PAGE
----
The Managing Partner of KPMG Sri Lanka Reyaz Mihular, in his preview of Budget 2022 in mid-November, stated that “the government should use it as an opportunity to clearly enunciate its economic policy and set a well-defined direction going forward.”

He added: “Since last year, we have had a lot of toing and froing on key decisions impacting the economy, which confused investors in the market – ultimately, people look for stability when considering economic prospects.”

“Of course, we are going through very difficult times and normally budgets give goodies to people; clearly, the government is not in a position to do so this year,” he continued.

On the allocation of funds in the budget, Mihular mentioned the following: “I think we need more allocation of funds for education, and healthcare is a no-brainer. The fact that we had a reasonably good primary healthcare system has come to our rescue in a big way during the pandemic.”

One of our biggest resources is intellectual capital, he noted, adding that our competitiveness in the world economy can be improved if we have educated, well-trained people.

However, our infrastructure is underutilised, there is insufficient digitalisation and we produce graduates with little relevance to the current job market. And he asserted: “I think we already allocate a reasonable sum of money for healthcare and education. But my problem is how effectively we are using that money.”

Talking about the tax regime, he opined: “The gold standard for direct taxes is a minimum of 20 percent whereas ours has come down to grossly inadequate levels of around 11-12 percent.  We need to drive direct taxes up – that’s how you pay for all the good infrastructure facilities we want. Also, the administration of the tax system needs to ensure that everybody pays their fair share rather than a few paying their dues and everyone else having a free ride.”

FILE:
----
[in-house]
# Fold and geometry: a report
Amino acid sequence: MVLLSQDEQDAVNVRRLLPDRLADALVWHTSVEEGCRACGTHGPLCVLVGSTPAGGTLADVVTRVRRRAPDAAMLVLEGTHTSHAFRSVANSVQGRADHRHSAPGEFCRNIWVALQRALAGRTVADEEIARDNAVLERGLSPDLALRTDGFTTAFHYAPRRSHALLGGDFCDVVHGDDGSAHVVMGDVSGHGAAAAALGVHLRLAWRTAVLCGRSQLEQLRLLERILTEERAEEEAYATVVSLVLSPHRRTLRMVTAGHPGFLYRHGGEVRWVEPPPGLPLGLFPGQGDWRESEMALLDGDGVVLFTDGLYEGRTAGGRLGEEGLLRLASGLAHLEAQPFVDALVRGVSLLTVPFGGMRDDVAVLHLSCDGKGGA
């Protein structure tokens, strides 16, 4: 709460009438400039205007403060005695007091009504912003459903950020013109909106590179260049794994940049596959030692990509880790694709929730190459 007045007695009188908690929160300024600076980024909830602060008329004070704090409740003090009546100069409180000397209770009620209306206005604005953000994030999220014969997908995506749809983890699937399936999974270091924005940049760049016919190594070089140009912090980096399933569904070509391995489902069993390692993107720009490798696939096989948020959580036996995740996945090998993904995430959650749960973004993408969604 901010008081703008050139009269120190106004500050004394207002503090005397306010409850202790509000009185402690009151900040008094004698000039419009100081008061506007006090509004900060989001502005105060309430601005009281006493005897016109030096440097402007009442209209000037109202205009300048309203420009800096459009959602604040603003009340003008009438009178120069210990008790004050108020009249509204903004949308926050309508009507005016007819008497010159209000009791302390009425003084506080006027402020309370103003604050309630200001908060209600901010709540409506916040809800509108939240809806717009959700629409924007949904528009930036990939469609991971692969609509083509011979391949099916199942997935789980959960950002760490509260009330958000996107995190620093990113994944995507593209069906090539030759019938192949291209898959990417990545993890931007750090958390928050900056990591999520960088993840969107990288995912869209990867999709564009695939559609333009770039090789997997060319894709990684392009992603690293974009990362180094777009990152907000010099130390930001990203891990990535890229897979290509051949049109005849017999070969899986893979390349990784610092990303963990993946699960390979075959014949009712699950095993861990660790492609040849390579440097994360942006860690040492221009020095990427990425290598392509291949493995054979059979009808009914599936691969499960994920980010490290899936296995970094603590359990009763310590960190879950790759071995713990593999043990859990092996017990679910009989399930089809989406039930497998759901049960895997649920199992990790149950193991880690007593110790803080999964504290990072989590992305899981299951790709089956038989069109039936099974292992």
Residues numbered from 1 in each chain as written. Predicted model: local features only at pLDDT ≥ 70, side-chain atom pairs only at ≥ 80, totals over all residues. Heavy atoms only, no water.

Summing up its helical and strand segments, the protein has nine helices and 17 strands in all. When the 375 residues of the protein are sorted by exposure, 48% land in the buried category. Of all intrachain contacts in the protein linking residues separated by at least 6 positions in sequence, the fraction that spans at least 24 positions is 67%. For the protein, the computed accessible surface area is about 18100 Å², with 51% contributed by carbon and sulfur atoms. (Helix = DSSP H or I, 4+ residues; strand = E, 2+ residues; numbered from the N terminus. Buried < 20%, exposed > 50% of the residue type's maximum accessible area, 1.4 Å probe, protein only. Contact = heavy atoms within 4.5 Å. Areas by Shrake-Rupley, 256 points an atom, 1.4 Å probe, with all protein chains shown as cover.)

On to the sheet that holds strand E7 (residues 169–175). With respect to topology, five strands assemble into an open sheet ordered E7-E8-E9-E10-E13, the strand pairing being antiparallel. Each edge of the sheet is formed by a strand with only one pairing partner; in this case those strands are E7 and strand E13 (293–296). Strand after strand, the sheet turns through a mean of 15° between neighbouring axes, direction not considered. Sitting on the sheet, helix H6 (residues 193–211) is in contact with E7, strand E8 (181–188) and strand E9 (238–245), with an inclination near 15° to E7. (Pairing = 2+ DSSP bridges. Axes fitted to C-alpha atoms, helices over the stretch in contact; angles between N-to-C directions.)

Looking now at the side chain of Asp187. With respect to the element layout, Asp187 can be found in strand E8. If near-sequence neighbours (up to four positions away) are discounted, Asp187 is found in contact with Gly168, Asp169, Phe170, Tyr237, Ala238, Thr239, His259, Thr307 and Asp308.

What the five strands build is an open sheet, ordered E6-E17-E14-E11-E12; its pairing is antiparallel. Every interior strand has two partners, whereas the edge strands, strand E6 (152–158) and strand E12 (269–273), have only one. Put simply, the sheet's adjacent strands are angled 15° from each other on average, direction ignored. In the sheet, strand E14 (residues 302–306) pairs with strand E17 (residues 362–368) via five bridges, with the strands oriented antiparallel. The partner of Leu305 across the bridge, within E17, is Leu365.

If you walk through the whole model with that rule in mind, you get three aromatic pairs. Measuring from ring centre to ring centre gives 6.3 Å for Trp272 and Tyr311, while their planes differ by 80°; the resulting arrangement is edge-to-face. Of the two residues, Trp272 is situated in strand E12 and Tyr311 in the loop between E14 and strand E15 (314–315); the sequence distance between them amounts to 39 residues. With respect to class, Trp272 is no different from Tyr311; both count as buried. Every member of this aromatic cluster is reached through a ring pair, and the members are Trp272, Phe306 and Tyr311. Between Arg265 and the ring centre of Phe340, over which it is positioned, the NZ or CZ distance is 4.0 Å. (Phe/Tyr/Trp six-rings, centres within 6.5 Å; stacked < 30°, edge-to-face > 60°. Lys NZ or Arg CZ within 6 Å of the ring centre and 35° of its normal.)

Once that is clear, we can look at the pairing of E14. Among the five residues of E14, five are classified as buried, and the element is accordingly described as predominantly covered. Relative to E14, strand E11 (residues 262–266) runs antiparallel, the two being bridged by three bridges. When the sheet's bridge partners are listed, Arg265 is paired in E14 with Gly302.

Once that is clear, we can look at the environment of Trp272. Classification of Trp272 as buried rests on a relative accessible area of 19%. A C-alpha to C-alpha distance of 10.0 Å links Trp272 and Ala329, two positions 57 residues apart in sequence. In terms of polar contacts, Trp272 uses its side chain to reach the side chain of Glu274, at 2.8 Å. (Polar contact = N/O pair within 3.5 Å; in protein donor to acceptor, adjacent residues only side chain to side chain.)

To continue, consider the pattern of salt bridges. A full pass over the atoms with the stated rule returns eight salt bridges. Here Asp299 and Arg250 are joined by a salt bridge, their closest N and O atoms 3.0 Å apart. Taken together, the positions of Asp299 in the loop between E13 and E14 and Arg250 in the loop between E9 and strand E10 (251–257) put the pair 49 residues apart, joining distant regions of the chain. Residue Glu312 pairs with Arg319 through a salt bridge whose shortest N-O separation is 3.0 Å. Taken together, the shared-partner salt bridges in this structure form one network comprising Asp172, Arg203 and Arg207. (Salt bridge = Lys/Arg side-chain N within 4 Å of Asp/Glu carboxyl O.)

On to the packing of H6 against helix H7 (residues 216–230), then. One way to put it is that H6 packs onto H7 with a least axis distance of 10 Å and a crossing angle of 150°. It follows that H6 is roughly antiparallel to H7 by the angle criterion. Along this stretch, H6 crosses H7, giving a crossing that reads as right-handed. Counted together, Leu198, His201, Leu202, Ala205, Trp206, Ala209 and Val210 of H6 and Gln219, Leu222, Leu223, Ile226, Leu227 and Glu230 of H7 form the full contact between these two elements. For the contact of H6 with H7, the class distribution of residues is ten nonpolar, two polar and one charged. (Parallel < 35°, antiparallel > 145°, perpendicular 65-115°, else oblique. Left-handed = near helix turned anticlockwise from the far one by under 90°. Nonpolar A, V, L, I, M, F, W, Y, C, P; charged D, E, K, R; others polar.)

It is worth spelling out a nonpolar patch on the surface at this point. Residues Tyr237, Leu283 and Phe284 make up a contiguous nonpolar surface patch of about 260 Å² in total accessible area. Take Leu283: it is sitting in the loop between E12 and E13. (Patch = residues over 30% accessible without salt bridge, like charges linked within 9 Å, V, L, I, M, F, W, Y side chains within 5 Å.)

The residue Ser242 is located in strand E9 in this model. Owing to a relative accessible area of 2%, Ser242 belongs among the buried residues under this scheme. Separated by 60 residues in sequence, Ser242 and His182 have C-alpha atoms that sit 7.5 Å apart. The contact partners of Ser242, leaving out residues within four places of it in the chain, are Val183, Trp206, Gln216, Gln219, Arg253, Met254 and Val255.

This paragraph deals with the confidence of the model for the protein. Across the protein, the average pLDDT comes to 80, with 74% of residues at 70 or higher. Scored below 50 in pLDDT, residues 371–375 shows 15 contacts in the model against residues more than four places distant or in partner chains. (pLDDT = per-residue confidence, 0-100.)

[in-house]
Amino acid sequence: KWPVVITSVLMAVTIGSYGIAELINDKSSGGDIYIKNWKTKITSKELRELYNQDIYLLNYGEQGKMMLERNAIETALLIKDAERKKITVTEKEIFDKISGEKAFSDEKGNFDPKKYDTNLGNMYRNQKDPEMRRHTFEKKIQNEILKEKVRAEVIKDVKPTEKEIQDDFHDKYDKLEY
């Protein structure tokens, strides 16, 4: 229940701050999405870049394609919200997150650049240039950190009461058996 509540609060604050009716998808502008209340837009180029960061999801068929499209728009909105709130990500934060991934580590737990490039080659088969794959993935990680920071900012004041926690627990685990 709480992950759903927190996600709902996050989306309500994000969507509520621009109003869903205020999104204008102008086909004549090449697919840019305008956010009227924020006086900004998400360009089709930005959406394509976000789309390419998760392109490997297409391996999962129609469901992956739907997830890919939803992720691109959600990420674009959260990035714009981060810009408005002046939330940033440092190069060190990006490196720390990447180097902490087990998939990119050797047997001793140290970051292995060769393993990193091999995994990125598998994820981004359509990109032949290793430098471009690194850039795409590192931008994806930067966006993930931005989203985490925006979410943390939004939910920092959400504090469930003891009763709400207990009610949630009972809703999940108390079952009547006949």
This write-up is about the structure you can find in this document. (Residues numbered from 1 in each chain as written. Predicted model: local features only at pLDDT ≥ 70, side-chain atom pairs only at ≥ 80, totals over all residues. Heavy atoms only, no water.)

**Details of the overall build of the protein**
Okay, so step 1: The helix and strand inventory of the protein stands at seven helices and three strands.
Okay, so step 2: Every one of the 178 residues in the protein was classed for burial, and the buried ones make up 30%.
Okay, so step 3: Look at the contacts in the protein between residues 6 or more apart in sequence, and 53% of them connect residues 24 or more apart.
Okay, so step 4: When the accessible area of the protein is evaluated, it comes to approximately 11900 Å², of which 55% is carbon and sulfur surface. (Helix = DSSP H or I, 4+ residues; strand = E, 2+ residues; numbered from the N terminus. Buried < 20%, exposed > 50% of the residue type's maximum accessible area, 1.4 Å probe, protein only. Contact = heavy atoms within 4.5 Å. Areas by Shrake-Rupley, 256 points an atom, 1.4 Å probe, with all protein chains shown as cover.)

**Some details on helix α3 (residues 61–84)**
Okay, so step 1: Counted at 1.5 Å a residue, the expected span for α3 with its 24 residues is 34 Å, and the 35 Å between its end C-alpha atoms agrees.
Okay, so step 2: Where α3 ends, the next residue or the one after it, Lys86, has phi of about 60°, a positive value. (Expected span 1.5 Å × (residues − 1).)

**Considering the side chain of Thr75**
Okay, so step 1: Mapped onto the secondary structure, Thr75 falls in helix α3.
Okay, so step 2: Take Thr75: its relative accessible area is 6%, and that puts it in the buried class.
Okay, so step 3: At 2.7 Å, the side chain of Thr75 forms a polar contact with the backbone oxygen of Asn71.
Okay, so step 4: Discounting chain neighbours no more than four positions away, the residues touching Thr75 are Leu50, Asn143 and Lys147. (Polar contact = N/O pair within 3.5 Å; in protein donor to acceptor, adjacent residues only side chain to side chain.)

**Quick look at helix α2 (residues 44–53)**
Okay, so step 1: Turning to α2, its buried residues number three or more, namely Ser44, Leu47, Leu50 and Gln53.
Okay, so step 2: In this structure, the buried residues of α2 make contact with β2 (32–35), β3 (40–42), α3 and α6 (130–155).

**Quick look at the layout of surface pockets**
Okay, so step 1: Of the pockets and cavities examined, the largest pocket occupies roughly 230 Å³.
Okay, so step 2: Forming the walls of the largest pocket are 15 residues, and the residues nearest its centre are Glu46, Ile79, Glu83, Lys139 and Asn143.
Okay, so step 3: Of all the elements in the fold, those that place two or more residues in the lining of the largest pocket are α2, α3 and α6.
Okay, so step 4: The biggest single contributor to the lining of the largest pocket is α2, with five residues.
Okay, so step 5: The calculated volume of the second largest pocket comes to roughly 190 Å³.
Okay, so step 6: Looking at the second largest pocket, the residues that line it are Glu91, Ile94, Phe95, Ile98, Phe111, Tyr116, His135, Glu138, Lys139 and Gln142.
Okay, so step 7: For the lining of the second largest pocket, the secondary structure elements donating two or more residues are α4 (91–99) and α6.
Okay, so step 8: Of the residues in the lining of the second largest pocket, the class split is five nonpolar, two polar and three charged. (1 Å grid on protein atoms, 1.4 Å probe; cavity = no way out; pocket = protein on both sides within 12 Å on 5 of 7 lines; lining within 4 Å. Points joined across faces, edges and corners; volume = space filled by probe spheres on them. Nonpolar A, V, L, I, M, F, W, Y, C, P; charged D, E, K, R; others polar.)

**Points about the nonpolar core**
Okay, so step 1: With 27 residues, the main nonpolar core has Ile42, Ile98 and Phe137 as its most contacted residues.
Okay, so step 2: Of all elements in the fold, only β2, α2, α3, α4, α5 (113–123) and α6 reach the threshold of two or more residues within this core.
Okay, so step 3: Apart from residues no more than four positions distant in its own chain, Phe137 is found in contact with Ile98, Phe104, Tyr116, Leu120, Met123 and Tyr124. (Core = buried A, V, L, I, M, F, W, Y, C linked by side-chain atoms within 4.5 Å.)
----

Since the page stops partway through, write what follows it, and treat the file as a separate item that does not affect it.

Touching on the foreign currency crisis, Mihular said that “we have a severe foreign currency deficit due to fairly ad hoc decisions that have been made over the years; many businesses are suffering as a result and this has been a huge blow to the economy. Having a clear and proper plan with regard to how we are going to overcome this issue is of utmost importance.”

When asked about environmental, social and governance (ESG) companies, he elaborated: “I would say all three pillars of environment, social and governance have equal relevance and weightage. We’re seeing the consequences of environmental abuse very clearly in all corners of the globe. The world leaders at the recently concluded COP26 [summit] emphasised the absolute need to reduce global warming to avert an economic disaster across the world.”

Making sure that there is governance in place to eliminate discrimination and provide equal opportunities for people at work are essential pillars of an ESG company, he emphasised, adding that they are not just niceties to be included in an annual report but should be an integral part of the company’s business planning.

Thereafter, Mihular focussed on business risks: “Anything that you do has risk; it is the substance of a business. If you don’t have risk management at the core of how you plan your business, your work processes etc., you’re going to have a lot of unpleasant surprises at great cost to the company.”

In his concluding remarks in this edition of LMDtv – and in the context of discussing the long-term economic prospects of Sri Lanka – KPMG Sri Lanka’s Managing Partner asserted that “we don’t have the size nor the resources to excel in heavy industries. The real future is in the services sector. With a very literate and trainable population, we should aim to be a service hub that can plug into the global supply chain.”

“I think if we focus on being an excellent service provider, Sri Lanka could easily be an upper middle income country in the not too distant future,” Mihular added.